The Mountain Moves

Treetop Flyers

Partisan Records, 2013

REVIEW BY: Tom Haugen


Though they reside in the usually gloomy sounding London, Treetop Flyers actually has a sound that puts them musically in about 1968 in Southern California and the Laurel Canyon scene. Their breezy and warm folk rock that is just so laid back easily disguises their geographical location to the point where one might think this is new outfit of members from bands like The Byrds or Crosby, Stills & Nash. my_heart_sings_the_harmony_web_ad_alt_250

The Mountain Moves starts off with the pop friendly and easily sing-a-longable and “Things Will Change,” a summery and breezy tune that brings to mind the '70s spirit of The Jayhawks. After a few quicker, classic rock inspired tracks, “Roses In The Yard” slows the pace down to a twang level, showing beautiful restraint, which isn't far from the alt-country sounding "Haunted House" further down the line. Late in the album, “Picture Show” keeps the momentum flowing with soulful blues riffs, though it exits on the acoustic and serene "It It All Worth It," a reflective and pensive gem that puts the exclamation point on a fantastic album in a hushed way.

If you miss the best music that encapsulated the '60s and '70s or just haven't been able to appreciate it yet, Treetop Flyers will be both a nostalgic listen and a reminder that a variation of this sound is currently in high demand (RE: Mumford). Very much what you'd expect for a band named after a Stephen Stills song (it was even recorded in Malibu), the timeless and harmonic folk rock that Treetop Flyers is perfecting could easily put them in company with any number of recent similar sensations (i.e The Lumineers).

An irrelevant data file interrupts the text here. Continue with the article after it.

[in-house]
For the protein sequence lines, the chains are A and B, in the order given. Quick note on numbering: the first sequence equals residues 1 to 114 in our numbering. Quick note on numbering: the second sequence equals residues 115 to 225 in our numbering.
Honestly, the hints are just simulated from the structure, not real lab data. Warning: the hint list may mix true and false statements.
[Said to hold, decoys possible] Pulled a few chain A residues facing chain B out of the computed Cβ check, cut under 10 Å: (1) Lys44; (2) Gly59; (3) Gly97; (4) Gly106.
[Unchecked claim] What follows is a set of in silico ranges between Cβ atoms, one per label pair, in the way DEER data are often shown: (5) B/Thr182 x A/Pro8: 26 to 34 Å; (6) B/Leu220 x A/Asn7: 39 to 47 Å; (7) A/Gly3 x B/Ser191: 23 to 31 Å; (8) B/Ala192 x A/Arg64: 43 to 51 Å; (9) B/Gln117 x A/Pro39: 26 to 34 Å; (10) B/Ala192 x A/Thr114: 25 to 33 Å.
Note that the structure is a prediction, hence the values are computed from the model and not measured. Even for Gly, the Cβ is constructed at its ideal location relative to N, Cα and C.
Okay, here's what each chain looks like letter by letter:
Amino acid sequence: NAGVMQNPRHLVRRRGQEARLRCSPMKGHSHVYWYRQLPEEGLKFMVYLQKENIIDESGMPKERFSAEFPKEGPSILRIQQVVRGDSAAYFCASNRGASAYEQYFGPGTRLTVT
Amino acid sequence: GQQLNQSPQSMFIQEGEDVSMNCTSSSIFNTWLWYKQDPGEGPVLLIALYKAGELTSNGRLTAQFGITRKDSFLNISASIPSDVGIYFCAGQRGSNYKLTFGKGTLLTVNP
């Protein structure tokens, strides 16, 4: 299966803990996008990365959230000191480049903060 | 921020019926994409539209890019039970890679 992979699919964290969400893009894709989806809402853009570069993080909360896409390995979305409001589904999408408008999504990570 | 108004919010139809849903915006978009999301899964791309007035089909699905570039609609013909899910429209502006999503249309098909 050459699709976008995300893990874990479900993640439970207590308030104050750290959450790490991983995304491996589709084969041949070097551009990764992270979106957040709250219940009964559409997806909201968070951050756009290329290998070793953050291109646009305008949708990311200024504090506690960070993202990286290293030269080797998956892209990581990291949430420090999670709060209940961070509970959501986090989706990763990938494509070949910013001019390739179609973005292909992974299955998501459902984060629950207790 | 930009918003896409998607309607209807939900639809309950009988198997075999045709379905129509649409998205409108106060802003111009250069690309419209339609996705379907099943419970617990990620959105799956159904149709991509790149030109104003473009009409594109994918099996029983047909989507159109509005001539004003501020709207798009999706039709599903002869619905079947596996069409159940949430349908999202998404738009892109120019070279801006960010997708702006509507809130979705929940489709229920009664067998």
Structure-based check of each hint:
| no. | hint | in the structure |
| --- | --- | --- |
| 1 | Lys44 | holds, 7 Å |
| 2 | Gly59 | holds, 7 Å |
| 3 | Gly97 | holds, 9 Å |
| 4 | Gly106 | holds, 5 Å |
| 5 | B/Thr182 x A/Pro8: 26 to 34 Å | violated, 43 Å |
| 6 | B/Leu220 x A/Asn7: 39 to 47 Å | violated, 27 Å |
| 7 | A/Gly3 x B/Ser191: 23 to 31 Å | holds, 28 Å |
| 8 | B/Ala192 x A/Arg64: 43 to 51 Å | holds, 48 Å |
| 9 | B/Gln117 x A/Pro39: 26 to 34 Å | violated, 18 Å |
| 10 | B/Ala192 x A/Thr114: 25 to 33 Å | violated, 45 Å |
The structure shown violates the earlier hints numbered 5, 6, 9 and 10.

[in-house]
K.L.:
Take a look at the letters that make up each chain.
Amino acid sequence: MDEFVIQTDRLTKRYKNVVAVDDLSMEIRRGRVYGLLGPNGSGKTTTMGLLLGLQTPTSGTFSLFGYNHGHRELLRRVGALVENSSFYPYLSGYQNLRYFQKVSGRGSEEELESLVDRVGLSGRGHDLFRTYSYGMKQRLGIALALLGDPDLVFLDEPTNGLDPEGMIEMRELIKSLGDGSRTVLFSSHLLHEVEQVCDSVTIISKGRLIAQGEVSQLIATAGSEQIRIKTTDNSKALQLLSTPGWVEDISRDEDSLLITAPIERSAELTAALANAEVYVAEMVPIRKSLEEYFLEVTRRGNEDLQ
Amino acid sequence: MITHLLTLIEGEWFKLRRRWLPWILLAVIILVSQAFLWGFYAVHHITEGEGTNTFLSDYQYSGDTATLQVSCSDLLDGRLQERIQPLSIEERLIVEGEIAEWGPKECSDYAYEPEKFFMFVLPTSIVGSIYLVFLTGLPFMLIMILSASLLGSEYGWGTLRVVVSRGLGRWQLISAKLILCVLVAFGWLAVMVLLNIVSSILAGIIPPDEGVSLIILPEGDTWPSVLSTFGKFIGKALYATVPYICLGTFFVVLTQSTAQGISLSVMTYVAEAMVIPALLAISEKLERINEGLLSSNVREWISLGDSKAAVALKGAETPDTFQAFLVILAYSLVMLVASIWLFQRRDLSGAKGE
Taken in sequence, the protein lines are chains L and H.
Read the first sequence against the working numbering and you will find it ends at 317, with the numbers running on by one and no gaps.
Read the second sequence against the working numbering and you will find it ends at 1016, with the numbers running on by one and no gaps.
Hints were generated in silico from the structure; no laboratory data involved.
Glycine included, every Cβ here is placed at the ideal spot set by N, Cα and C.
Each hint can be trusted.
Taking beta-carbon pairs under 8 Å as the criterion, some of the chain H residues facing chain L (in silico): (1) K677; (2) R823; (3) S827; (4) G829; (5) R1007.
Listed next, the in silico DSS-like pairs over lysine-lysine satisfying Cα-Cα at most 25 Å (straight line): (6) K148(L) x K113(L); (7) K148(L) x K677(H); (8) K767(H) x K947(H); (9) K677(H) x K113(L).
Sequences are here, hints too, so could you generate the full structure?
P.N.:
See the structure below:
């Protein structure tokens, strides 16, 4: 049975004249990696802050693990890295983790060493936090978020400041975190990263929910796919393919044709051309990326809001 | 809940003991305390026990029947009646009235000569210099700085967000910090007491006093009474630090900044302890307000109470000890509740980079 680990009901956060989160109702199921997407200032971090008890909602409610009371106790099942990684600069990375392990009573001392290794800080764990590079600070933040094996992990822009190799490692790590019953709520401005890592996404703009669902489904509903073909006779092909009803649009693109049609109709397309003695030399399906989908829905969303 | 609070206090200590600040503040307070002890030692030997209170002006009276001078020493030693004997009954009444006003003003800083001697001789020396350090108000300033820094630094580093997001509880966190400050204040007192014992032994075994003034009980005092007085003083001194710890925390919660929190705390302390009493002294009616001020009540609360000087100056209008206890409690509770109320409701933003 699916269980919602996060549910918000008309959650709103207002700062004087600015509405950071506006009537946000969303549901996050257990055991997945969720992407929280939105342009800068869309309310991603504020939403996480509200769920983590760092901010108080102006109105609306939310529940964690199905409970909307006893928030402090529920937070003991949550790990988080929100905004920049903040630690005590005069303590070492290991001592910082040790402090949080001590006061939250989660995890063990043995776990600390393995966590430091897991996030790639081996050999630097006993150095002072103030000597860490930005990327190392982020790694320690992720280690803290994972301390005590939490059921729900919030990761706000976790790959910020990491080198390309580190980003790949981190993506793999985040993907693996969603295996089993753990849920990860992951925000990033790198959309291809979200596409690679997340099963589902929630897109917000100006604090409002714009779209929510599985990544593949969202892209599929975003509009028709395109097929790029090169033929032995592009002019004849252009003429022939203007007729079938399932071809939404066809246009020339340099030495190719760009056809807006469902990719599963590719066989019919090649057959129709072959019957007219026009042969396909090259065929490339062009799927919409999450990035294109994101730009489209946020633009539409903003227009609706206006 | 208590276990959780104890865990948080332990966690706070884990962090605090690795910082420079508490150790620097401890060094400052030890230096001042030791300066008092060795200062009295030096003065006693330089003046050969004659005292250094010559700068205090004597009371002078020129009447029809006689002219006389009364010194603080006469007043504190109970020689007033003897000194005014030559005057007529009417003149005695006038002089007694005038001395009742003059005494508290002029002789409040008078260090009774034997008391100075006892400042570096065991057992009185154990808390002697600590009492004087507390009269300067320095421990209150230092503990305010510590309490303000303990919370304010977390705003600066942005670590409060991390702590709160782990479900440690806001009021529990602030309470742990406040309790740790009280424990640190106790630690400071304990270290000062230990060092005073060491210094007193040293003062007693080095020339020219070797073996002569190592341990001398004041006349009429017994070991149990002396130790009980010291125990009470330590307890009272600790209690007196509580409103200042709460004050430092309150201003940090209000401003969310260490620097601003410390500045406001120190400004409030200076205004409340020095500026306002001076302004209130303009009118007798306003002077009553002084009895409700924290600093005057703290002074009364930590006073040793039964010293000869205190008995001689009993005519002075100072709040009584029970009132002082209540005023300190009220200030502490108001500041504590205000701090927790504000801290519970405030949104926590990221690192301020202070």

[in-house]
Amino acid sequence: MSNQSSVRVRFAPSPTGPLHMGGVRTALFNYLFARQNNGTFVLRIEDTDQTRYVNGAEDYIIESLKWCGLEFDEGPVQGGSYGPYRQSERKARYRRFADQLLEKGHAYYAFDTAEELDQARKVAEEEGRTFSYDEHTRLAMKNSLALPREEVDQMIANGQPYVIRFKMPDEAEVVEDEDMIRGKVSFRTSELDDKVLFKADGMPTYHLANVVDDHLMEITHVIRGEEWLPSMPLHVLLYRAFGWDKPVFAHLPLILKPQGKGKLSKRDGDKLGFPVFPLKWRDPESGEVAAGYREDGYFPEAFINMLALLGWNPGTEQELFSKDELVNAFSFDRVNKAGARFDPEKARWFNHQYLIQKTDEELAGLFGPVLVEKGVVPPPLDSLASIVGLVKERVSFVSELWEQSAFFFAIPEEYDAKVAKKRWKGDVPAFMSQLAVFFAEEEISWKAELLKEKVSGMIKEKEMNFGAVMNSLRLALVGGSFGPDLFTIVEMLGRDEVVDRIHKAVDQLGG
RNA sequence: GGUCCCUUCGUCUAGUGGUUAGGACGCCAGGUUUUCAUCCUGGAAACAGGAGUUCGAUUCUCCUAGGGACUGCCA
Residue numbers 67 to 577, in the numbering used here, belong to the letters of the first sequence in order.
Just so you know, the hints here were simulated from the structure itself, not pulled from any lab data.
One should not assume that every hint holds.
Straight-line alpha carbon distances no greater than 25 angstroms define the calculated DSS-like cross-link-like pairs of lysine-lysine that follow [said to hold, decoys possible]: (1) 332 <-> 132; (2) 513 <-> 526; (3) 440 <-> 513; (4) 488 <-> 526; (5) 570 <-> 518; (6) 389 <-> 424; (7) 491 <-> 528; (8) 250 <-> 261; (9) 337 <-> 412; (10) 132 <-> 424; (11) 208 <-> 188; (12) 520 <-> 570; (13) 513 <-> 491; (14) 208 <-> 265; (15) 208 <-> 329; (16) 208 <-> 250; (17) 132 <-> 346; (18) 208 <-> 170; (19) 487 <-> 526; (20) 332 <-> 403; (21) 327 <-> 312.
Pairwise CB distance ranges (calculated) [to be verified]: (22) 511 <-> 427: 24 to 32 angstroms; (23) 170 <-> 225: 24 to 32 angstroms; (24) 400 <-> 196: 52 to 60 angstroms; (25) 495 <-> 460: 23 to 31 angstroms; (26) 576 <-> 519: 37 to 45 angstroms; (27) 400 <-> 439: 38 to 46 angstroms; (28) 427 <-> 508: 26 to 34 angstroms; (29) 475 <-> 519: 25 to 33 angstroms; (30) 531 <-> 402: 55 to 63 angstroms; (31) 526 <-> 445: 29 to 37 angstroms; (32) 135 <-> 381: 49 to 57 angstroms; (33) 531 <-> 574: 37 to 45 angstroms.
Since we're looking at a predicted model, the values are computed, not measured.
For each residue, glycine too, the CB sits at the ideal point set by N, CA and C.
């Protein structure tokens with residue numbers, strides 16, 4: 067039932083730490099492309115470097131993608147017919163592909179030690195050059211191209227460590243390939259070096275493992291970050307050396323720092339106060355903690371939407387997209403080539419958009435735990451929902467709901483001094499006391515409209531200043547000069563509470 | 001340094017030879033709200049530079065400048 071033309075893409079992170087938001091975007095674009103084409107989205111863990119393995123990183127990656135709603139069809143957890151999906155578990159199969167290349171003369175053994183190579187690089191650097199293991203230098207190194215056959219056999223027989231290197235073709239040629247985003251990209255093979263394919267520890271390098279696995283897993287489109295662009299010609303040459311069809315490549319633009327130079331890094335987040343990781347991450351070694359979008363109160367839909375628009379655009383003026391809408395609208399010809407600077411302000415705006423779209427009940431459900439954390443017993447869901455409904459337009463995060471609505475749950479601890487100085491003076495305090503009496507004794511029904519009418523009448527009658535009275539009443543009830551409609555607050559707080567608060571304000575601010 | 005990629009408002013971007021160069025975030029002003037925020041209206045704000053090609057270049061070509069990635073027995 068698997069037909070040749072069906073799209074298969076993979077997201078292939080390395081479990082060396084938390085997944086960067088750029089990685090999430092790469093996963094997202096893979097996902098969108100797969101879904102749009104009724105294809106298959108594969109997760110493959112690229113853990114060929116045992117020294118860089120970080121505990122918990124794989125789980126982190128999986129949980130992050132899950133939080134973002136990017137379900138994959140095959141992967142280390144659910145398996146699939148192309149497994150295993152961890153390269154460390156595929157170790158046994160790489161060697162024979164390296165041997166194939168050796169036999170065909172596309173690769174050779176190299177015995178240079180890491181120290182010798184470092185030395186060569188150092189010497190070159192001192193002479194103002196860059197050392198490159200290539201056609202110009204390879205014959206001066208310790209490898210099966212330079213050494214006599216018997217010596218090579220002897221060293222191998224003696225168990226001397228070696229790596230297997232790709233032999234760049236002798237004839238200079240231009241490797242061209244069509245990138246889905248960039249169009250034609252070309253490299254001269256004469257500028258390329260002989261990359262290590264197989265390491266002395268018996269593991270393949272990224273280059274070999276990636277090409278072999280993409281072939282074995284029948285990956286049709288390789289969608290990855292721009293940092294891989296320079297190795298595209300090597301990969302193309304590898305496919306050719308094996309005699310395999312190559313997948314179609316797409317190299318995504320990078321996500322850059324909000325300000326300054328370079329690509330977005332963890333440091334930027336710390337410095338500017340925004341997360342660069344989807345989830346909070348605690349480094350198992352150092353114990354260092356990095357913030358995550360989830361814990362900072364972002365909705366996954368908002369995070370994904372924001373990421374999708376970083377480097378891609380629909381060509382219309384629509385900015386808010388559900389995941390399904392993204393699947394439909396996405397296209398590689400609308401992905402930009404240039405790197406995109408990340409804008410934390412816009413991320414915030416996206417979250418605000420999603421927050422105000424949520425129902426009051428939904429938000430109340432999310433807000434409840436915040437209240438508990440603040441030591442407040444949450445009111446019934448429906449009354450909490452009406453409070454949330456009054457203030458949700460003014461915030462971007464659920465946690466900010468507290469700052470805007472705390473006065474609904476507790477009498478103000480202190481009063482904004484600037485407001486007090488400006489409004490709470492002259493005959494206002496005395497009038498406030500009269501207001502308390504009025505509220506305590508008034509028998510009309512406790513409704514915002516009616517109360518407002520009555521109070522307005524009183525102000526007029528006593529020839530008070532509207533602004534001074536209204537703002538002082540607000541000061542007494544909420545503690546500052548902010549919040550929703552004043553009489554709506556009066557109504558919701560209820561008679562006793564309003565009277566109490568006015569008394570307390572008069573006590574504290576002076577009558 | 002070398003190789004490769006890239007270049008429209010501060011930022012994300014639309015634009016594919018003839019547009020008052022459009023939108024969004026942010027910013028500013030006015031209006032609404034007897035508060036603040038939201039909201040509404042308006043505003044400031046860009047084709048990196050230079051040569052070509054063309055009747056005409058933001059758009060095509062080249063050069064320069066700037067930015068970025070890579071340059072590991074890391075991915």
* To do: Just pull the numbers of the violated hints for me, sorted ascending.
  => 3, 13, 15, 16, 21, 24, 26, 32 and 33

For someone like myself is only slightly interested in classic rock, Treetop Flyers won me over pretty quick with the warm vocal harmonies on "House Burning Down." If I ever become a fan of the genre, it will most likely be attributed to this album.

Rating: B+

User Rating: Not Yet Rated



© 2013 Tom Haugen and The Daily Vault. All rights reserved. Review or any portion may not be reproduced without written permission. Cover art is the intellectual property of Partisan Records, and is used for informational purposes only.